In space, objects may be subject to bombardment by quite high energy electrons and due to this bombardment electrical charge builds up on and in any dielectric materials. On a spacecraft thermal blanket of the kind described, the charge may build up to a level where destructive discharges and arcs may occur. Apart from causing damage, such discharges may produce interference with the operation of electronic equipment on board the craft. In view of this problem, it has been proposed to apply a coating of electrically conductive paint to the outer surface of the blanket ("Electrostatic Charging and Space Materials", J. Bosma and F. Levadou, Page 189, Proceedings of Symposium on Spacecraft Material in Space Environment", E.S.T.E.C., October 1979, ESA SP-145). However, while degrading the thermal performance of the blanket, such a surface layer of conductive paint may in any case be relatively ineffective since, as has been found during research leading to the present invention, the bombarding electrons are of such energy that many of them penetrate right through the surface of the blanket and come to rest within its material. Charge thus builds up inside the material. Also, under certain circumstances, this charge may flow outwards and lead to the gradual flaking off of the paint layer.
According to one aspect of the present invention, there is provided a thermal control material comprising a multilayer sheet including an outer layer of thermal insulating material, a conductive layer next to said outer layer in which the electrical conductivity is substantially greater than in said outer layer, and a further thermal insulating layer next to said conductive layer and substantially thicker than said outer layer.
The thermal control material may be in the form of a flexible sheet, preferably using Kapton or Teflon, or alternatively the invention may be applied to the construction of the aforementioned tiles. Thus, the inner and outer layers could be of glass, preferably quartz or borosillicate glass.
The outer dielectric layer has a depth adapted to the use envisaged for the material. Thus, for insulating a spacecraft, the depth should be such that a sufficient number of the bombarding electrons come to rest in or near the conductive layer that the aforementioned charge build-up is reduced to a safe level. Between 3 and 8 microns has been found to be suitable.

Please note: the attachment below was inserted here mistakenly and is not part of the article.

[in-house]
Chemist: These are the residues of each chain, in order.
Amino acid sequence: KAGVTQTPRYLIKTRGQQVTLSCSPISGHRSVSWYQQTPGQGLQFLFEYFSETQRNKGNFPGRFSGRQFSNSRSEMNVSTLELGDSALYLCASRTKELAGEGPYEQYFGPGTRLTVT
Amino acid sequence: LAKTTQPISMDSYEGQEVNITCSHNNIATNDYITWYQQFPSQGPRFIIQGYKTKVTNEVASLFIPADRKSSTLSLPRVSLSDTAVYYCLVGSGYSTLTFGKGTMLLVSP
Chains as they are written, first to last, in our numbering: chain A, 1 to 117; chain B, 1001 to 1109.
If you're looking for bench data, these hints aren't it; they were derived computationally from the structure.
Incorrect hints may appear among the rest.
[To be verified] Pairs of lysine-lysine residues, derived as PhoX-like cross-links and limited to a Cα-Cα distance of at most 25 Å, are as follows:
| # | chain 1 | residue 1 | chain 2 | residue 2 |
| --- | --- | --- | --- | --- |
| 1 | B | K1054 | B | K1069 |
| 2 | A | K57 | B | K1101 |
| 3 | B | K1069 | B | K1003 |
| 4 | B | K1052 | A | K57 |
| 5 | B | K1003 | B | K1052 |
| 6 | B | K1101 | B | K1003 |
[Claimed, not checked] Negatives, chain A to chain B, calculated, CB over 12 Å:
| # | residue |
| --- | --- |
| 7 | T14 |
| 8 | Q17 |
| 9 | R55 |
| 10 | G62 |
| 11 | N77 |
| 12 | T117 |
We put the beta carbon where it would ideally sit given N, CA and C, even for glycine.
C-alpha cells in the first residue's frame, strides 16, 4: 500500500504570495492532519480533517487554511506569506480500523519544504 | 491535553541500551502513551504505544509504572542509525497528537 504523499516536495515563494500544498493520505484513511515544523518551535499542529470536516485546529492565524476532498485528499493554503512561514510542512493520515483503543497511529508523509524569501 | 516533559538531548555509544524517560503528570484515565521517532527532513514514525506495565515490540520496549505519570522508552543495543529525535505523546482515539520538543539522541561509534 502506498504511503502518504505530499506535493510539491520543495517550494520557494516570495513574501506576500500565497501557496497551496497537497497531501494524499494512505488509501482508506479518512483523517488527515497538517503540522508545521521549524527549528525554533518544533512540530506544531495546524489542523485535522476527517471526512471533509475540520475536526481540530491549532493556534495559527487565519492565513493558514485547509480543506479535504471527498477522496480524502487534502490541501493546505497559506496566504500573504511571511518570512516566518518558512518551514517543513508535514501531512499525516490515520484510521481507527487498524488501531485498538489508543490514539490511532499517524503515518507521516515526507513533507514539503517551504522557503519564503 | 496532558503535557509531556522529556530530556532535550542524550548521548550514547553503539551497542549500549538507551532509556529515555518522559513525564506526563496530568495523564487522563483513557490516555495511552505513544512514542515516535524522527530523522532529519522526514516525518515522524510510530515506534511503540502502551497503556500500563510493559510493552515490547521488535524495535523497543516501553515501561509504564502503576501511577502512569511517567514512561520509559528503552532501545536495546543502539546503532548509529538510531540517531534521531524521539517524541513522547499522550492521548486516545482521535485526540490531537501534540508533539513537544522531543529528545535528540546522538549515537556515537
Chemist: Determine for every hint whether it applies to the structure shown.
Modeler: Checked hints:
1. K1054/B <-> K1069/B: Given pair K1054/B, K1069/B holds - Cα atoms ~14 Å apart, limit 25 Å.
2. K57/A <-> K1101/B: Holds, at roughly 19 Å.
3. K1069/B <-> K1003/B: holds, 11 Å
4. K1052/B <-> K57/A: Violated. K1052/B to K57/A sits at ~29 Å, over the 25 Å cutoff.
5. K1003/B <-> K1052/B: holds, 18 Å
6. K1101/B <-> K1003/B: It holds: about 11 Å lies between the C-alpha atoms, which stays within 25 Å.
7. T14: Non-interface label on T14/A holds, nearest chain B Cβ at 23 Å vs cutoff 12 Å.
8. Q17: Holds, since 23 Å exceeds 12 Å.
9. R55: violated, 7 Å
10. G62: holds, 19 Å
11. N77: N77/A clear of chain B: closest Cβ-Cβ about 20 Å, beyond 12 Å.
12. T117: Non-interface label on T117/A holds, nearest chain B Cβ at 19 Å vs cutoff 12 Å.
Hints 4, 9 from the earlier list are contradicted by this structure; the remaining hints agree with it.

It will be appreciated that, as well as for spacecraft, there are other situations where a thermal control material may be required but where the possibility of electrical charge build-up, not necessarily due to electron bombardment, is a problem. For example, the material may be useful in the construction of electronic equipment, particularly printed circuits and interference reducing screens, and for use in constructing containers for dangerous chemicals and explosives which may need to be given a measure of thermal insulation without the possibility of arcs and sparks occurring. As mentioned, for such other uses, the thickness of the outer layer will be chosen appropriately but, generally, it is envisaged that the outer layer thickness will not exceed 30 microns or so and probably will be less than 20 microns or even more likely less than 15 microns.
The conductive layer may be of high conductivity metal such as aluminium. This could be evaporated onto the inner surface of the outer layer of dielectric material and the inner layer of dielectric material could then be stuck to the metal layer by means of adhesive. Alternatively, the conductive layer could be a layer of conductive adhesive, e.g. adhesive loaded with conductive metal powder, which performs the additional task of securing the two dielectric layers together. Particularly for spacecraft, it may be advantageous for the conductive layer to be transparent, for example it may comprise a material such as indium-tin-oxide.
According to a second aspect of the invention, there is provided a spacecraft having affixed thereto a thermal insulating member comprising inner and outer layers of dielectric material and an intermediate electrically conductive layer which is electrically connected to the spacecraft body, the thickness of said outer layer of dielectric layer being such that a sufficient proportion of electrons, to bombardment by which the spacecraft may be subject in space, will come to rest at least near said conductive layer to reduce the build-up of electrical charge on said member to substantially less than would be the case were said conductive layer not present.